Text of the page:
They have called it the vintage of the decade, even the vintage of the century so far. Whatever your exact take, 2009 has already gone down as one of Bordeaux's greatest years.
Why? The summer was very warm but nights remained cool, allowing for a long, evenly paced growing season and nigh-on perfect ripeness. The very best châteaux typically make excellent wines every year these days, but it is in great vintages like 2009 when you can find truly great wines at every level.
Château La Cardonne appears in Cassini's first general map of France in 1769 and was included in the first Cru Bourgeois classification of 1932. Then in 1973 it was acquired by Domaines Barons de Rothschild (of Lafite fame), soon becoming one of the most sought-after cru bourgeois bottlings in the world. Subsequently bought and modernised by Guy Charloux in 1990 it remains at the apex of cru bourgeois, elevated to Cru Bourgeois Supérieur in 2016.
Their vineyards in the northern Médoc, planted on the typical gravelly soils of the left bank, are sustainably farmed and certified for high environmental value (HVE).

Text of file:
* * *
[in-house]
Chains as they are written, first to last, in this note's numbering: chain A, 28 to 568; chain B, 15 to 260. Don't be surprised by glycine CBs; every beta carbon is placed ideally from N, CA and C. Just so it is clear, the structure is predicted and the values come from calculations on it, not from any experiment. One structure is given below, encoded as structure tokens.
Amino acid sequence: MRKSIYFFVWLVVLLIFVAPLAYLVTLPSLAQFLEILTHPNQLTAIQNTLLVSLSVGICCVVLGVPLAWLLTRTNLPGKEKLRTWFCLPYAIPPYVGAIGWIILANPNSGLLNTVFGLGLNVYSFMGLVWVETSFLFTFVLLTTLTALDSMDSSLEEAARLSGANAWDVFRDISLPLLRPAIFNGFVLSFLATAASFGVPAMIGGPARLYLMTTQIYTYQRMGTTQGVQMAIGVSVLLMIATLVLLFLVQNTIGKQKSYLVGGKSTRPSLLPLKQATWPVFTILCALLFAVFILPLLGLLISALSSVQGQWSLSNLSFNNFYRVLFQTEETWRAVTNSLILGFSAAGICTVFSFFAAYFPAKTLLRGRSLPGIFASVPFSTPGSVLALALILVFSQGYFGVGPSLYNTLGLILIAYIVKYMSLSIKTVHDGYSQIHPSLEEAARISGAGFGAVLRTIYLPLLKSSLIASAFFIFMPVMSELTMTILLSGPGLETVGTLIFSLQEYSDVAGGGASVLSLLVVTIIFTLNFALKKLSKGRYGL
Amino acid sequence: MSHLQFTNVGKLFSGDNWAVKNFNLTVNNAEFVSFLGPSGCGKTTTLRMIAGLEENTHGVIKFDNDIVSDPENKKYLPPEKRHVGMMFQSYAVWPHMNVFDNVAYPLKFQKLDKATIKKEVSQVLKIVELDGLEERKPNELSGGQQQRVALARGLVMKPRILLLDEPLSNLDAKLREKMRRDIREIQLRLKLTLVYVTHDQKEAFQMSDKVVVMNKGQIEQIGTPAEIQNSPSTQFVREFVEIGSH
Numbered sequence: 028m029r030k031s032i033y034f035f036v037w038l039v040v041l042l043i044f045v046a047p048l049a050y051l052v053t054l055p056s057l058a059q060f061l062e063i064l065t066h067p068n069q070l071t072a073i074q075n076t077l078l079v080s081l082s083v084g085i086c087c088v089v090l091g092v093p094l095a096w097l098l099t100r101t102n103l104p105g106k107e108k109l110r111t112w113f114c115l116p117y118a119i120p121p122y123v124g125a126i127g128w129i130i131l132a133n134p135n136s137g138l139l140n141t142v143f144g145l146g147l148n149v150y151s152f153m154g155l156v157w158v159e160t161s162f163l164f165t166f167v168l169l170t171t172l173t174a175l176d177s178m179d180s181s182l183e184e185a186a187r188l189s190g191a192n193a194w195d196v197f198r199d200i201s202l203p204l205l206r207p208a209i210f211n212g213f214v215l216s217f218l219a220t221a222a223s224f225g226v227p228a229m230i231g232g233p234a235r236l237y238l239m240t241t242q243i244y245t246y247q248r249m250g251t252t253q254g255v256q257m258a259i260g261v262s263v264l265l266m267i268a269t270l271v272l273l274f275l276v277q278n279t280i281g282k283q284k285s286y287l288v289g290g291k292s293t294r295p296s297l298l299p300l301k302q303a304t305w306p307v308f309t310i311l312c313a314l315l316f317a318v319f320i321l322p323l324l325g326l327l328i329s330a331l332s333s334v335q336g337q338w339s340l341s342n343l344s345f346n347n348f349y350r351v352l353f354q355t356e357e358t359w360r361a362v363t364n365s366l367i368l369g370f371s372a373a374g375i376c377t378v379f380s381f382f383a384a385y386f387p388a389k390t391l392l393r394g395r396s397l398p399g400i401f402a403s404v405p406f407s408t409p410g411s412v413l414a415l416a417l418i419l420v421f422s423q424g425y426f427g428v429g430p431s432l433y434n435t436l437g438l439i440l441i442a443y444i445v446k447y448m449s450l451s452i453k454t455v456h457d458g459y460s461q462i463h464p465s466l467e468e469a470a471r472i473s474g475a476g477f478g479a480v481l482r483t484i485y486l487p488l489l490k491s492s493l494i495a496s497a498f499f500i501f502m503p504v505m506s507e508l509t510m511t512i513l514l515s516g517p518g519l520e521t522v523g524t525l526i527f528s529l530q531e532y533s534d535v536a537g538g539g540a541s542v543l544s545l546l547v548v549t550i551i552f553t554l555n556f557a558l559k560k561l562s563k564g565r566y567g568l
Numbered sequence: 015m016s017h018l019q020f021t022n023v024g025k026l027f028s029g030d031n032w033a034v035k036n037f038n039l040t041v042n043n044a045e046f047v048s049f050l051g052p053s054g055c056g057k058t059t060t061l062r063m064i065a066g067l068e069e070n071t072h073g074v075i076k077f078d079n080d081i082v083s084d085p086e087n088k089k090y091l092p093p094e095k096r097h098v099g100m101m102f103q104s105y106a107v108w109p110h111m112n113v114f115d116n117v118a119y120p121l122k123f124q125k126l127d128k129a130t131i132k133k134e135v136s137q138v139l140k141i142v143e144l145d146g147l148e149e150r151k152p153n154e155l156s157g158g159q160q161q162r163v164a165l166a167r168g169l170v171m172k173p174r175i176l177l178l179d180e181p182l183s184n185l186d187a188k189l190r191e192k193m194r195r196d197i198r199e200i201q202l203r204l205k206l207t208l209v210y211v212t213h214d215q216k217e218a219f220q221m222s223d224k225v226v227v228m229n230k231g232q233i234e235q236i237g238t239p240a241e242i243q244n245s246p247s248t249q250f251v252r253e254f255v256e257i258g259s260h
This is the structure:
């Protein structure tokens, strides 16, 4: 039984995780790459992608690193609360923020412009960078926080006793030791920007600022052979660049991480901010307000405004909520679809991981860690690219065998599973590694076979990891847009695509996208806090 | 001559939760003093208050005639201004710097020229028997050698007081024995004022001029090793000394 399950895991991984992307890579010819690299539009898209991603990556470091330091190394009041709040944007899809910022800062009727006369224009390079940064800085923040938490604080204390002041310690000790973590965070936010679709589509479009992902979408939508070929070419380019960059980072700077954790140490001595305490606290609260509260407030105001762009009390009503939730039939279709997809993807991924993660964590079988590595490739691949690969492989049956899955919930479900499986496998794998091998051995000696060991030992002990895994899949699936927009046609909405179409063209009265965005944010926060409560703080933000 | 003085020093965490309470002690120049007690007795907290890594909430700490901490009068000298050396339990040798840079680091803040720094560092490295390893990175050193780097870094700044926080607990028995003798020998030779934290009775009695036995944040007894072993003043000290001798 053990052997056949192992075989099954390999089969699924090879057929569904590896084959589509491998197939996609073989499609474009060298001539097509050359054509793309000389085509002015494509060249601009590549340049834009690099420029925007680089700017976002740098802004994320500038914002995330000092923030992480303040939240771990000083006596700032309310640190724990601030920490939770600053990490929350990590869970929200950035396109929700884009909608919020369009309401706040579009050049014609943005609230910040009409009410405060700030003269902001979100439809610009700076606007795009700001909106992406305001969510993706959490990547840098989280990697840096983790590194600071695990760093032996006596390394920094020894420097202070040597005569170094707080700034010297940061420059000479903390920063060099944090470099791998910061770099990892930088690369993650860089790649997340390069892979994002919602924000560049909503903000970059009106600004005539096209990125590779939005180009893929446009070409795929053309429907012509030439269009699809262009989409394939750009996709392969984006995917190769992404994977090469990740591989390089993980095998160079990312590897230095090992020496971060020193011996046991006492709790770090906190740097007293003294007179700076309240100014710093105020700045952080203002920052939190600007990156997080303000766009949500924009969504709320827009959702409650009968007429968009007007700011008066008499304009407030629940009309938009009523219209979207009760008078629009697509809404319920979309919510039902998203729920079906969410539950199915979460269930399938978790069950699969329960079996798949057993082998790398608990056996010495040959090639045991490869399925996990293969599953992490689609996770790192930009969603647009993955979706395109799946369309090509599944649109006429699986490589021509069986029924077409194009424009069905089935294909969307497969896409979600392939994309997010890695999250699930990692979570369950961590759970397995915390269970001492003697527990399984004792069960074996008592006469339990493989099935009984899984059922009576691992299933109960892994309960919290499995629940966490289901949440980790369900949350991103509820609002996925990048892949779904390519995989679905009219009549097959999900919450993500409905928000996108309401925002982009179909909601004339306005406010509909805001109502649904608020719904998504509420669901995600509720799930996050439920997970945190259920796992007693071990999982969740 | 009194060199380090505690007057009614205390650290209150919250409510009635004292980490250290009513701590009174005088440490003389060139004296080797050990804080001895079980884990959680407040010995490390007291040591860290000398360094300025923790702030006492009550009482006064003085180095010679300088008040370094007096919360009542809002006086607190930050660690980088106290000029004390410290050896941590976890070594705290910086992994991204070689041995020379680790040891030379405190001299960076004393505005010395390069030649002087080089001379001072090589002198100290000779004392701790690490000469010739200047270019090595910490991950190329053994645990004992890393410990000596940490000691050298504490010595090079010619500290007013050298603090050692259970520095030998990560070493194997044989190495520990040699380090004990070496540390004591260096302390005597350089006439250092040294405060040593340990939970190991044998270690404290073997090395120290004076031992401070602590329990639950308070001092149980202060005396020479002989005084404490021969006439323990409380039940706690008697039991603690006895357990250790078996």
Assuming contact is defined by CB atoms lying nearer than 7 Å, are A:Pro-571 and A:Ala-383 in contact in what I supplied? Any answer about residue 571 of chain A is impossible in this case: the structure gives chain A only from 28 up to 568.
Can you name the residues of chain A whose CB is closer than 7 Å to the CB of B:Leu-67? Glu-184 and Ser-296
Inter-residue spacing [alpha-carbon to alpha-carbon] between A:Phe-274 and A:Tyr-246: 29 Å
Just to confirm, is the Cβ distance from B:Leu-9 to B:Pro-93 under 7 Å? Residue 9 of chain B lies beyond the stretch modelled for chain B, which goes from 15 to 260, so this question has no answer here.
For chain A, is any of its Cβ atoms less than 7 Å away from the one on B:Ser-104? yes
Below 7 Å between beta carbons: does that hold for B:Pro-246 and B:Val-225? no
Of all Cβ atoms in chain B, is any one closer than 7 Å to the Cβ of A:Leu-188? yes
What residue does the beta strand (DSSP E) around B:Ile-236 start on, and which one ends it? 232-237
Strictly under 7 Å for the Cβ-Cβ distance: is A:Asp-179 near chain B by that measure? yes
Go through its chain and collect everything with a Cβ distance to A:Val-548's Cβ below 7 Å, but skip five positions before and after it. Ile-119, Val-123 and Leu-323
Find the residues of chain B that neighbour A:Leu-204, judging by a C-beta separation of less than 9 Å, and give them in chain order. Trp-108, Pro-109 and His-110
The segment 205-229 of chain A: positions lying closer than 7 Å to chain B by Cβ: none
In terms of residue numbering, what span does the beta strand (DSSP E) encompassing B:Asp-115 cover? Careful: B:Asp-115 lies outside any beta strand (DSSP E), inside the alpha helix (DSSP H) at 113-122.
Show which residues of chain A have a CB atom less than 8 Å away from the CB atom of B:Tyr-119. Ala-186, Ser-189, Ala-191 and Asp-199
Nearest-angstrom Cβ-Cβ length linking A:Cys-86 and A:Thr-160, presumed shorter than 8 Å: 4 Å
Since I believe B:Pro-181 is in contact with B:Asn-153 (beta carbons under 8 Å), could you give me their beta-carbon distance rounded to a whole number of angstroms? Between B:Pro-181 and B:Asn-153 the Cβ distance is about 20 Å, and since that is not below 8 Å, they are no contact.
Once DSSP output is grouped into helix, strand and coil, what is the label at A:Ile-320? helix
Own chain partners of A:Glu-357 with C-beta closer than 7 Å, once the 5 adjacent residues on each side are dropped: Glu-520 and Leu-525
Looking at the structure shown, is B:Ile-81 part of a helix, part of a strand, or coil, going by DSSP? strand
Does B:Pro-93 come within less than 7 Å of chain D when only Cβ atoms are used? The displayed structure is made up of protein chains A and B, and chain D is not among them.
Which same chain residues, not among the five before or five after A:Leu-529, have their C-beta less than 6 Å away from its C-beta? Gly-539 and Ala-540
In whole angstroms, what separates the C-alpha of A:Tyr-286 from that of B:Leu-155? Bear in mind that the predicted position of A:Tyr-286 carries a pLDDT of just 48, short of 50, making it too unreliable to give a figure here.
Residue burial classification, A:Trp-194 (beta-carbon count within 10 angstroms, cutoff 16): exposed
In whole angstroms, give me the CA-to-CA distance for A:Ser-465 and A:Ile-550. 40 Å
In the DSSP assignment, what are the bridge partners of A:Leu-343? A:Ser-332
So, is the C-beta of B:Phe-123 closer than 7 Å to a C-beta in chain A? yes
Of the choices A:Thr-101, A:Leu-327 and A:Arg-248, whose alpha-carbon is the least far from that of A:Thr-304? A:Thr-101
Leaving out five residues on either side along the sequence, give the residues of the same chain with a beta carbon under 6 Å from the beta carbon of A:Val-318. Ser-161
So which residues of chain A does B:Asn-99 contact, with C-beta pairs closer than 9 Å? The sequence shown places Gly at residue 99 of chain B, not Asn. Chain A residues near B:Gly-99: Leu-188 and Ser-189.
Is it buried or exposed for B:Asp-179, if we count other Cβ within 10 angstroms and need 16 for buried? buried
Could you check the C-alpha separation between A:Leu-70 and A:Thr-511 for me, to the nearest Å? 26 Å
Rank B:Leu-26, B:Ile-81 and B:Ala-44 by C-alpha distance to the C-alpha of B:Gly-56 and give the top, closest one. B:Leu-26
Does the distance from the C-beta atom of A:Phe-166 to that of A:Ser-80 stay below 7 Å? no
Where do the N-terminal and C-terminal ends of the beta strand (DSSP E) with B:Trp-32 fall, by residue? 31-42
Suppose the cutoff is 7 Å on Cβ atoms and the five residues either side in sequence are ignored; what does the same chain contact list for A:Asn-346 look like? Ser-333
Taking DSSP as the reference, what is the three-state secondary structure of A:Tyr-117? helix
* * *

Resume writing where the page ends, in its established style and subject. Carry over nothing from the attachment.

The 2009 blend is dominated by Merlot (50%) and Cabernet Sauvignon (45%) with a small amount of Cabernet Franc (5%). Here is their take on the vintage:
"We previously thought the 2005 vintage was the vintage of our lifetime, as the 2009 was simply astonishing as a young wine. It has the fullness of 2005 and the softness of 1990. The 2009 in bottle possesses extraordinary aromatic intensity, freshness and precision. Rich, ripe and mineral, with a very long, lingering finish."
And here is Jancis Robinson's review:
"Very dark crimson. Very ripe, meaty and savoury on the nose and then super-voluptuous and silky on the palate but with sufficient refreshment value. Pretty smart stuff! Though built for the longish term." (drink 2017-25)